Mastering tools to design local solutions to development challenges
The recent Design, Partnering, Management and Innovation (DPMI) training was an intensive two-week certificate program about designing local solutions to important development challenges. I was fortunate to receive a scholarship from Locus through Pact’s Kenya office, where I'm based.
The training, held in Nairobi, was facilitated by Beryl Levinger, chair of the Development Practice and Policy Program at the Middlebury Institute of International Studies at Monterey, and Matt Reeves, global advisor for civil society with the Aga Khan Foundation. They coupled PowerPoint presentations with real-life examples from their many years of practice. We had the opportunity to learn while gaining hands-on experience by designing a class project based on real challenges in international development. My team presented our project, dubbed Addressing Local Priorities Through Local Solutions, to a dolphin tank of international development professionals at the end of the two weeks.
During the training, we mastered a set of essential tools and approaches for designing development initiatives based on local solutions. Among them were the problem tree, which analyzes an existing situation by identifying the major problems and their main causal relationships; the positive deviance model, which examines the behaviors of outliers who’ve overcome a particular social problem; the local systems framework, which places local systems at the center of efforts to promote sustainability; and the results framework, a graphic representation of the outcomes expected from a particular intervention.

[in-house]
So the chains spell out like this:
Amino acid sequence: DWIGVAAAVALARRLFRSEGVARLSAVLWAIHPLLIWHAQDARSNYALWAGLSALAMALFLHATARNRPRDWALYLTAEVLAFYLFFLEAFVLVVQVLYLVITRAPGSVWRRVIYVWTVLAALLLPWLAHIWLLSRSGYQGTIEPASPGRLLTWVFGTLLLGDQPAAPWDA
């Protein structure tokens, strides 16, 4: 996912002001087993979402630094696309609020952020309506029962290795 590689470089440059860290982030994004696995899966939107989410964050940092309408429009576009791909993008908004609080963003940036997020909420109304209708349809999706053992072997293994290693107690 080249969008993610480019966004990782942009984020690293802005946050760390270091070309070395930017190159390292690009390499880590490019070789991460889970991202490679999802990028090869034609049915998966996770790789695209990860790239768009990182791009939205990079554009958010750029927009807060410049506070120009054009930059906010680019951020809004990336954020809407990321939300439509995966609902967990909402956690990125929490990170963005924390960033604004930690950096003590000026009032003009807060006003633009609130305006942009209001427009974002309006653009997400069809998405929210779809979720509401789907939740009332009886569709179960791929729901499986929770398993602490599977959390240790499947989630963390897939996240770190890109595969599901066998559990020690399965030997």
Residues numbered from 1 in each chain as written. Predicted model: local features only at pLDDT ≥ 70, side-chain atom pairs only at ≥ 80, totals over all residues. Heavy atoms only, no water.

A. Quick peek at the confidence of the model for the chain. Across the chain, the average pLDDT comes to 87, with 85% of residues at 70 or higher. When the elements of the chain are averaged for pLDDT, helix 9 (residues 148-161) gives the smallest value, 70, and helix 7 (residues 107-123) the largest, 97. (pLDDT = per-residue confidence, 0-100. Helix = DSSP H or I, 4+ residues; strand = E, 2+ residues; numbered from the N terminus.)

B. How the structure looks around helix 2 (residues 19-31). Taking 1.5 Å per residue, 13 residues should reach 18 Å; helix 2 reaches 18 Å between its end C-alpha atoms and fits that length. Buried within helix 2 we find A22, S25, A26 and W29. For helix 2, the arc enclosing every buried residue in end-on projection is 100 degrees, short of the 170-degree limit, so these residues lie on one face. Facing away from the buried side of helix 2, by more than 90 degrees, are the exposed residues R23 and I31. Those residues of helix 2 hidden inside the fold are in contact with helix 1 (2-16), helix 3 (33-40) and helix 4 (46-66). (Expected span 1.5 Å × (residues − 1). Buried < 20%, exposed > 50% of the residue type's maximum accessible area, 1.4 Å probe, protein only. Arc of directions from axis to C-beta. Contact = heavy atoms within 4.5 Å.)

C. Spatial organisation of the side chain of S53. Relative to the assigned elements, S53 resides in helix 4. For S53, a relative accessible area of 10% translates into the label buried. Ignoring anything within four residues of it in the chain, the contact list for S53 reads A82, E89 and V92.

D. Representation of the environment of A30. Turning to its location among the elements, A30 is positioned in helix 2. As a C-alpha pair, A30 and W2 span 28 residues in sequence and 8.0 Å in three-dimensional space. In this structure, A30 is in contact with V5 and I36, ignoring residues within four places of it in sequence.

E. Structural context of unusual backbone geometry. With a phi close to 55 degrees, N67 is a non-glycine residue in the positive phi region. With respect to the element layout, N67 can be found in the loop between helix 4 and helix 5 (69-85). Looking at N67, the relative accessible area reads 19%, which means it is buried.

Reflecting on my role as a capacity development professional, these tools and approaches, particularly the causal loop mapping and local systems mapping, will help me analyze and understand local systems and provide targeted support to local organizations with an overall system in mind. To support local organizations in creating local solutions to ensure sustainability and resiliency, the positive deviance model and design thinking will definitely come in handy. The training gave me a broad set of tools to engage stakeholders, map networks, promote strategic partnering and facilitate important conversations linked to development outcomes.
I have no doubt that my passion to support local organizations to address local priorities through local solutions will be realized with the skills I acquired, and passing them on to local organizations will certainly make a big difference.
Locus is a coalition of nongovernmental organizations, foundations and consulting firms dedicated to finding new solutions to development challenges, focusing on integrated approaches to development and a search for evidence-based, local solutions. To date, its members include Pact, IRC, FHI360, SNV USA, Africa Capacity Alliance, the Aga Khan Foundation USA and Nuru International.
The Middlebury Institute of International Studies at Monterey is a professional graduate school that offers rigorous training for the next generation of development practitioners and policymakers.- See more at: https://www.pactworld.org/blog/training-future-leaders-development#sthash.EDeQuDLw.dpuf
DPMI trainings in Kenya are jointly hosted by the Middlebury Institute of International Studies at Monterey, a professional graduate school that offers rigorous training for the next generation of development practitioners and policymakers, and Locus, a coalition of nongovernmental organizations, foundations and consulting firms dedicated to finding new solutions to development challenges.